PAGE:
As a principle for shifting cultivation, an ecosystem’s sustained fertility requires short-term cropping alternating with long-term forest fallow. Cassava, peanut, okra and plantain, for instance, are mixed cropped. In the first year, peanut, okra and cassava are harvested, and in the second and third year, plantain and banana are harvested. After the third year, the field is set aside to allow fertility restoration by post-agricultural forest regrowth.

Labour and fuel energy

The food system of the Baka of Gribe is exclusively based on locally sourced renewable energy, mainly firewood and human labour. Firewood is used for cooking, processing and heating, and its availability is sufficient. In their semi-residential settlements, the Baka gather logs driven from clearing fields for crops, whereas in the forest, branches are collected from the forest floor.

Farming is the most demanding activity in human labour. Yet, the Baka invest much less labour input into farming than their Bantu neighbours. The plots are left nearly derelict when they leave their residential settlements to join their seasonal forest camps. A male participant explained that “plantain bunches are mature when returning from the forest,” showing how the Baka approach agriculture in a similar fashion to wild edible gathering; they prefer to feed on ripened fruits rather than invest too much time and effort in increasing and stabilizing crop yields. The Baka follow an approach of “less managed is management” in their agriculture, wherein the yield per area – land productivity – is generally low, but the yield per labour – labour productivity – becomes high. This low management agriculture with minimal weeding allows the concomitant growth of numerous spontaneous wild edible plants such as Gnetum, wild yams, oil palm trees, Aframomum shoots and mushrooms, which purposely contribute to diet and income. For their cacao production, the Baka selectively decide whether to carry out maintenance according to the market and the amount of labour available at the time. Regardless of maintenance, cacao seedlings usually do not die. Biya biya or soya (mutual aid), a common seasonal practice to mitigate drudgery amongst the Bantu cacao growers, is less frequent amongst the Baka, who only have a few cacao growers and possess much smaller plantations.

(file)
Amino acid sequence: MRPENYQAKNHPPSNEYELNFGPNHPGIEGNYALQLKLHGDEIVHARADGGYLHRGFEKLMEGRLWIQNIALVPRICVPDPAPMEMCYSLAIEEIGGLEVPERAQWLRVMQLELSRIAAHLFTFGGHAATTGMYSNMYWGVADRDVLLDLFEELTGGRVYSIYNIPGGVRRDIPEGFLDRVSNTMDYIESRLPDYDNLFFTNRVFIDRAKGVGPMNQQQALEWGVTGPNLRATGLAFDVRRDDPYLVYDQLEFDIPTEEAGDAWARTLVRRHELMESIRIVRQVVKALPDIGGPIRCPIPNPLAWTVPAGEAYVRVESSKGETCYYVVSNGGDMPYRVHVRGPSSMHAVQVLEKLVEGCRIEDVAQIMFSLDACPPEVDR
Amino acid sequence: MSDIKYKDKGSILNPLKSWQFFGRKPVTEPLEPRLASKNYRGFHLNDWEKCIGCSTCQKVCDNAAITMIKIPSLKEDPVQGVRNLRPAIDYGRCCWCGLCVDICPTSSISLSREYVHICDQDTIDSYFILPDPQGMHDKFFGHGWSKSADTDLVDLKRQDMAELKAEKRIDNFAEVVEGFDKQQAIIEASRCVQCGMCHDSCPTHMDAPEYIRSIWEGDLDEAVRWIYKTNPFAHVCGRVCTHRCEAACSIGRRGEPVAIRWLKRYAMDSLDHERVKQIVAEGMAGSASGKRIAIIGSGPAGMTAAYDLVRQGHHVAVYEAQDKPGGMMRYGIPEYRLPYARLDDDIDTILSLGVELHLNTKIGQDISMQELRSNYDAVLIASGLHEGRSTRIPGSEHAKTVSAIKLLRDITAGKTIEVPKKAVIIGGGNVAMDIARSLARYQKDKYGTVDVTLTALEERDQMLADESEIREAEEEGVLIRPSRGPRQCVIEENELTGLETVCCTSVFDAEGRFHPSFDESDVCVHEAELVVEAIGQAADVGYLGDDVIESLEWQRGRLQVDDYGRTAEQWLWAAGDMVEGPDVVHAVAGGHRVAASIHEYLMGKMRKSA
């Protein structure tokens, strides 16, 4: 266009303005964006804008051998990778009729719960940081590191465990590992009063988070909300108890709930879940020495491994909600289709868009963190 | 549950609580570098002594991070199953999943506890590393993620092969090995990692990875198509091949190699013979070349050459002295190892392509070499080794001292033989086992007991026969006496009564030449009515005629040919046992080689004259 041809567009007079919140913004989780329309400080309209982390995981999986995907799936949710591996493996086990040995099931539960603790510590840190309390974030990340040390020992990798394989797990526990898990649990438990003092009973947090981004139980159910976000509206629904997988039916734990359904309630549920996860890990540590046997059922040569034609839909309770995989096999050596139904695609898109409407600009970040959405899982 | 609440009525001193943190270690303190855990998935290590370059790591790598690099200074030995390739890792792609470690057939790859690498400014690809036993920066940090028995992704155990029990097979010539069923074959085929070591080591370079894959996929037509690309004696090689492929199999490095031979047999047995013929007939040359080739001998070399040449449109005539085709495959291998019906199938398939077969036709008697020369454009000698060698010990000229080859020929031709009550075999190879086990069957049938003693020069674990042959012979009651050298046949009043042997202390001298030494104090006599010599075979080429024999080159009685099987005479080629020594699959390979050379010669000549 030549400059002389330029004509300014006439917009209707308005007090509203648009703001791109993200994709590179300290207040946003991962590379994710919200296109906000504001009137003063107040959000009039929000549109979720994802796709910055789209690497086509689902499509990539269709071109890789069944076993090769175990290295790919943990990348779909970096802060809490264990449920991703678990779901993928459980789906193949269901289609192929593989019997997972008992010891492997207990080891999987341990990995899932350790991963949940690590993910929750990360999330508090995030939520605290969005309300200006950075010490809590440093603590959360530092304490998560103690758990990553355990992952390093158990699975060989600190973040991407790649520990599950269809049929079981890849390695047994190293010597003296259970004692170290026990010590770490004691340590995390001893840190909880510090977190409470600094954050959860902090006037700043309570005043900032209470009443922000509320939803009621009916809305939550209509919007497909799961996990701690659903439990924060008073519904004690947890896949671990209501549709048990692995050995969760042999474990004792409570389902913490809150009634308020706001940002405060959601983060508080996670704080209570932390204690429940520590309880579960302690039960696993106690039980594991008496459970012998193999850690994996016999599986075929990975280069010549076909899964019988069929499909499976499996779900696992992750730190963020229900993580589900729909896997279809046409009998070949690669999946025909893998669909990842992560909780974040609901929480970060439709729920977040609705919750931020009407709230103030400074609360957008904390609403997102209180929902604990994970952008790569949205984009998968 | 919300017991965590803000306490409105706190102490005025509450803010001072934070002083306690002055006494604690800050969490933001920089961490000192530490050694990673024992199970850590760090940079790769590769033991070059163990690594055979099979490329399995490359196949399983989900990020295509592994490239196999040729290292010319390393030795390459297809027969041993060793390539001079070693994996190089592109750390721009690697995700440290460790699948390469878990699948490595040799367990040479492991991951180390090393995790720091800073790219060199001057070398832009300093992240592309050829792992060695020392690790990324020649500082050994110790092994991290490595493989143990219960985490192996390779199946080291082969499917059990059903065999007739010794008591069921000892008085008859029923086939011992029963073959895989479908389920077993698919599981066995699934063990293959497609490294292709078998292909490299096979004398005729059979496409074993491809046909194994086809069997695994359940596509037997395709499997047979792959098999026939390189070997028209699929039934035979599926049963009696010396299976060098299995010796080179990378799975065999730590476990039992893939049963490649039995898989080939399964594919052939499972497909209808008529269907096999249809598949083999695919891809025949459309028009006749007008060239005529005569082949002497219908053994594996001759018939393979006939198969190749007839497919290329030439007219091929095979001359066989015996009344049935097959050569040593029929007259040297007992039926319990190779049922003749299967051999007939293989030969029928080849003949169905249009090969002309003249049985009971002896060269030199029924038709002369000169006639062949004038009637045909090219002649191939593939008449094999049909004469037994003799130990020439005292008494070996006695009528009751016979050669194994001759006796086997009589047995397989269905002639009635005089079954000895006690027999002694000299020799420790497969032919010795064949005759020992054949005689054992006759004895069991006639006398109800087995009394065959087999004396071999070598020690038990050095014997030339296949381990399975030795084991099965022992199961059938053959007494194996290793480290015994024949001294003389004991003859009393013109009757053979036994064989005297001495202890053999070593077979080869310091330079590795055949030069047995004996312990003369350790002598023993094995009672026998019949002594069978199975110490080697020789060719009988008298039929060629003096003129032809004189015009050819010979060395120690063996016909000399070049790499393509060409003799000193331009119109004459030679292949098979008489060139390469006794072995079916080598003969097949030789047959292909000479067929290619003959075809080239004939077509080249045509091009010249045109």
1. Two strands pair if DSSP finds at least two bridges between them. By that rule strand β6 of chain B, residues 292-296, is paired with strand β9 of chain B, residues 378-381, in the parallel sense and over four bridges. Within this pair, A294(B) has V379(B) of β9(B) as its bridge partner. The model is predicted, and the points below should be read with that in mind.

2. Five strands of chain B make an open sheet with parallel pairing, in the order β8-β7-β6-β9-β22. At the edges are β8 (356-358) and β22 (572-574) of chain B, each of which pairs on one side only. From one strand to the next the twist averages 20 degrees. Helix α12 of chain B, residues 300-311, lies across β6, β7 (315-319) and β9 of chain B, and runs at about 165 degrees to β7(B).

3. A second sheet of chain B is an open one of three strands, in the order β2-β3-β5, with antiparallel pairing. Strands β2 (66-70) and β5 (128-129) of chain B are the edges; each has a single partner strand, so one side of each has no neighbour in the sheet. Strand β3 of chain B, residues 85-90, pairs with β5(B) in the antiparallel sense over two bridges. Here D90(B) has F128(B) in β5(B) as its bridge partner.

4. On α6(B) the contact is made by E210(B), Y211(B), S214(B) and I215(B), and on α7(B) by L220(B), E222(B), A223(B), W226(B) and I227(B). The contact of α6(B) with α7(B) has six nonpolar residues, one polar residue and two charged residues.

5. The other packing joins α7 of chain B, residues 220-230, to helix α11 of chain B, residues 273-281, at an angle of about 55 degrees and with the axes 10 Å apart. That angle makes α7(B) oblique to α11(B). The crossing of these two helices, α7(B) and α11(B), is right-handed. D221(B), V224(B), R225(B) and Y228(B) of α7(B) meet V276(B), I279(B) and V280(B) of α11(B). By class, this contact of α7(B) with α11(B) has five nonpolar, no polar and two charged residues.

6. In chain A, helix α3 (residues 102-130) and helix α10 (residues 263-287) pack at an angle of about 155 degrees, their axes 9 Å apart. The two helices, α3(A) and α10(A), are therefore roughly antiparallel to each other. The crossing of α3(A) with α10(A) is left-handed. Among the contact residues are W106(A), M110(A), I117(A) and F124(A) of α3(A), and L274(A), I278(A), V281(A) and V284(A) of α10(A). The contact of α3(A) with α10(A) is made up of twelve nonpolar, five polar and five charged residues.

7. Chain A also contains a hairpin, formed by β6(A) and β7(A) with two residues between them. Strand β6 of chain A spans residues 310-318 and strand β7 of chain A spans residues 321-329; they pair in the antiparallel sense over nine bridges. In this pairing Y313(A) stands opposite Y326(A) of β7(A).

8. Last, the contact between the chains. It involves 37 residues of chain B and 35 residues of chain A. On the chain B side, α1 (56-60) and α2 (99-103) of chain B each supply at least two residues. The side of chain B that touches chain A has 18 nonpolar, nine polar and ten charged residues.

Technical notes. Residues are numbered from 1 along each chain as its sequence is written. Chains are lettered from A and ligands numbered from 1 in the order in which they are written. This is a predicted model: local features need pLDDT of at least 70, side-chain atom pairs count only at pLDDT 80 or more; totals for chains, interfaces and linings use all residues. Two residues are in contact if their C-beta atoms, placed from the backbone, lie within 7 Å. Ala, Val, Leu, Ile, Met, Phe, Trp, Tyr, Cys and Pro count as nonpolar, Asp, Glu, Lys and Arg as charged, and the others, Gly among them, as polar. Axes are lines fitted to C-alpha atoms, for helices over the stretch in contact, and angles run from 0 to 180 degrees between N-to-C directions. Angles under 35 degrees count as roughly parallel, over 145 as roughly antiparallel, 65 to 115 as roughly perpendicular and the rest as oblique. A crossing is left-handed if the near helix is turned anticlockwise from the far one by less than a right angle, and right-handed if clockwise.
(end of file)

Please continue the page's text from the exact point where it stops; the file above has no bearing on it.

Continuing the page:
Some fuel and batteries are used for lighting, such as kerosene lamps and flashlights. Locally sourced resins extracted from pàkà (Guibourtia demeusei L., Fabaceae), sɛnɛ (Canarium schweinfurthii Engl., Burseraceae), mòndùmbà (Copaifera mildbraedii Harms, Caesalpiniaceae) and ngámbè (Pentadesma butyracea Sabine, Clusiaceae) are also burned as a light source. Paka na bàle (old and hard bee wax) is also valued for the same purpose. The Baka occasionally use motorbikes owned by the Bantu as a means to visit distant relatives. Such punctual and minimal use of non-renewable and external energy sources is seldom linked to food-system-related activities.


Water is plentifully available at any time of the year. Drinking water is sourced from the many rivers in the area that are always found within a few hundred metres of the Baka’s use areas. Clear water is also available from some springs. River water and rainwater are used for washing clothes and dishes, which, along with cooking, are the greatest water demands. Swidden fields, plantations and home gardens are totally rainfed. Women and young girls are responsible for water collection, which requires approximately one hour per trip, two to three times per day. No specific practices of water capture and storage are used. In order to maintain clean ponds, Baka women regularly remove accumulated vegetal debris. Standing in the water source is considered bad manner.